ROADS that routinely shake the bolts and mountings of your car and disappear at the edges into deep gullies are not anyone's idea of value for council rates payments.
You know the roads are bad if residents are willing to give up the council garbage service if it meant the road would be repaired and the garbage trucks would no longer tear up the limited road surface.
"We don't get water or sewerage, we only have the roads and garbage service from council and most of us would be happy to sacrifice that if we could get decent roads," Petrina Blanchard said.
A resident of Wells Crossing for about 30 years, Mrs Blanchard noticed the roads slip into disrepair after the amalgamation of the Clarence Valley councils.
"Ulmarra Council used to come out four times a year and rip into the road, grade it properly and maintain the drains," she said.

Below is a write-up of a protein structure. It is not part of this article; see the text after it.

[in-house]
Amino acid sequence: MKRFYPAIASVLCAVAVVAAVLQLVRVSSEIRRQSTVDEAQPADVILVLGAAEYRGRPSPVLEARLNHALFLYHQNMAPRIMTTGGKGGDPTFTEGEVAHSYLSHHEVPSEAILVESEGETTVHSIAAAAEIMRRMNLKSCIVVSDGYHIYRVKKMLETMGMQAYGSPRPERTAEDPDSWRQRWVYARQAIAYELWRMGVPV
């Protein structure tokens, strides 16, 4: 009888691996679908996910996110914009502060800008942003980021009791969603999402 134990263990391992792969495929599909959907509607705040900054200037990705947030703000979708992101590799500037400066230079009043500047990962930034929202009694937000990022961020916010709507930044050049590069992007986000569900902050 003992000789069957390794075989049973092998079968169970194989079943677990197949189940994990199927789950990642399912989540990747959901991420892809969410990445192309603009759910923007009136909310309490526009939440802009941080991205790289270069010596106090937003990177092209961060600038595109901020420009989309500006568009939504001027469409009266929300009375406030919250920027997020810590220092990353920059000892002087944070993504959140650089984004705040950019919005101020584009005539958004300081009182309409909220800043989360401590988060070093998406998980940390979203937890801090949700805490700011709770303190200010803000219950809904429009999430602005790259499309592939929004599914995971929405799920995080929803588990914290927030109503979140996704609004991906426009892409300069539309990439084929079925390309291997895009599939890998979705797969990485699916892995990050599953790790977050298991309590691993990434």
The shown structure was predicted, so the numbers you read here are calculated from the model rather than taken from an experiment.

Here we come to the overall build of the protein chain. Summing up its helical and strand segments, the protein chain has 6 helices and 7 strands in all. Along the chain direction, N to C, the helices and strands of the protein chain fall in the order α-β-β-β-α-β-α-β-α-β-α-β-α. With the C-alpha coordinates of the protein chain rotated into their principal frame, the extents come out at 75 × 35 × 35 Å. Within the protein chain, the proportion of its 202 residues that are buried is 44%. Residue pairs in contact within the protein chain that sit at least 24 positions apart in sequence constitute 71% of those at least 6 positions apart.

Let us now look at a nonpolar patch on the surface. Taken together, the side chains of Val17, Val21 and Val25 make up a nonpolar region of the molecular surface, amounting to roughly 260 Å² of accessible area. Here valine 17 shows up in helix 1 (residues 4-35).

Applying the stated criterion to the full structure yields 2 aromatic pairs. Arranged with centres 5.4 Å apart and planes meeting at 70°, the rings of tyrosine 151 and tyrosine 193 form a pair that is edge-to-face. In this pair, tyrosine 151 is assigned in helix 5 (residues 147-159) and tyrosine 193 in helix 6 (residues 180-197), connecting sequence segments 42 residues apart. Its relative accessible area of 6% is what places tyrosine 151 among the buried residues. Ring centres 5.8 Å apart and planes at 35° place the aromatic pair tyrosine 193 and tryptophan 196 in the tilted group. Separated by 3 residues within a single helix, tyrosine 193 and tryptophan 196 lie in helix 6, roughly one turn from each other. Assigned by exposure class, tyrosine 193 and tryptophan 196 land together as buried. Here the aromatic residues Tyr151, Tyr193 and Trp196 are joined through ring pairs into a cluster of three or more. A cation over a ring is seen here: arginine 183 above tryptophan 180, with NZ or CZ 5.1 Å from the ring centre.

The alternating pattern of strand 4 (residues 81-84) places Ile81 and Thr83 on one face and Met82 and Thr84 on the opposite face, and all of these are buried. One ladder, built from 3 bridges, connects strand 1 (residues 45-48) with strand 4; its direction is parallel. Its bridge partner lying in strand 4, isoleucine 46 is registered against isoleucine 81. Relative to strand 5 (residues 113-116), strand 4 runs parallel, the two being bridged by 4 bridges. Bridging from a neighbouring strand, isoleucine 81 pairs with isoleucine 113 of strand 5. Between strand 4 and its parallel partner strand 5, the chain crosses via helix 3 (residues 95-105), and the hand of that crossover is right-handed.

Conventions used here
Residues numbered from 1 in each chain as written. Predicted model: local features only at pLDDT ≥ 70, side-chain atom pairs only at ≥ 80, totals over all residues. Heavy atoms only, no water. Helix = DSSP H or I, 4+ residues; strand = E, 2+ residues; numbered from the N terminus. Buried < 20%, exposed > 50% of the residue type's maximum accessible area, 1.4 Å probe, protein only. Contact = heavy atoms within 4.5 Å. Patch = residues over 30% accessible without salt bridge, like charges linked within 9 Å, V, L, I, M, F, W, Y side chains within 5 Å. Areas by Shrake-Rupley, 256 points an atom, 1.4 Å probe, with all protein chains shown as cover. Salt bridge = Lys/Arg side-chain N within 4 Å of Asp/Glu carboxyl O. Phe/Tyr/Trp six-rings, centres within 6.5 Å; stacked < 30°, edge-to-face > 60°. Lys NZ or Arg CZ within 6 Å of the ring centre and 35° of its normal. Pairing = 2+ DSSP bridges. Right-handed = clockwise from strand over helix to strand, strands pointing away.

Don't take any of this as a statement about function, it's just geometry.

"Now it's down to twice a year and it used to take a week to do just one of the roads and now they allocate 1-2 days and stop wher- ever they get to Florda Red Rd."
The network of Wells Crossing dirt roads, all named after florda peach varieties, stems from Parker Rd on the highway and is crossed by four to five creeks.
Thirty years ago only five families lived along the road network which now services around 22 homes, many with multiple vehicles.
"There's a lot more rates getting paid into the area and we have less than we had before."
Clarence Valley operations manager Tim Jenkins said all council dirt roads are graded twice a year unless school buses service the road and grading increases in frequency.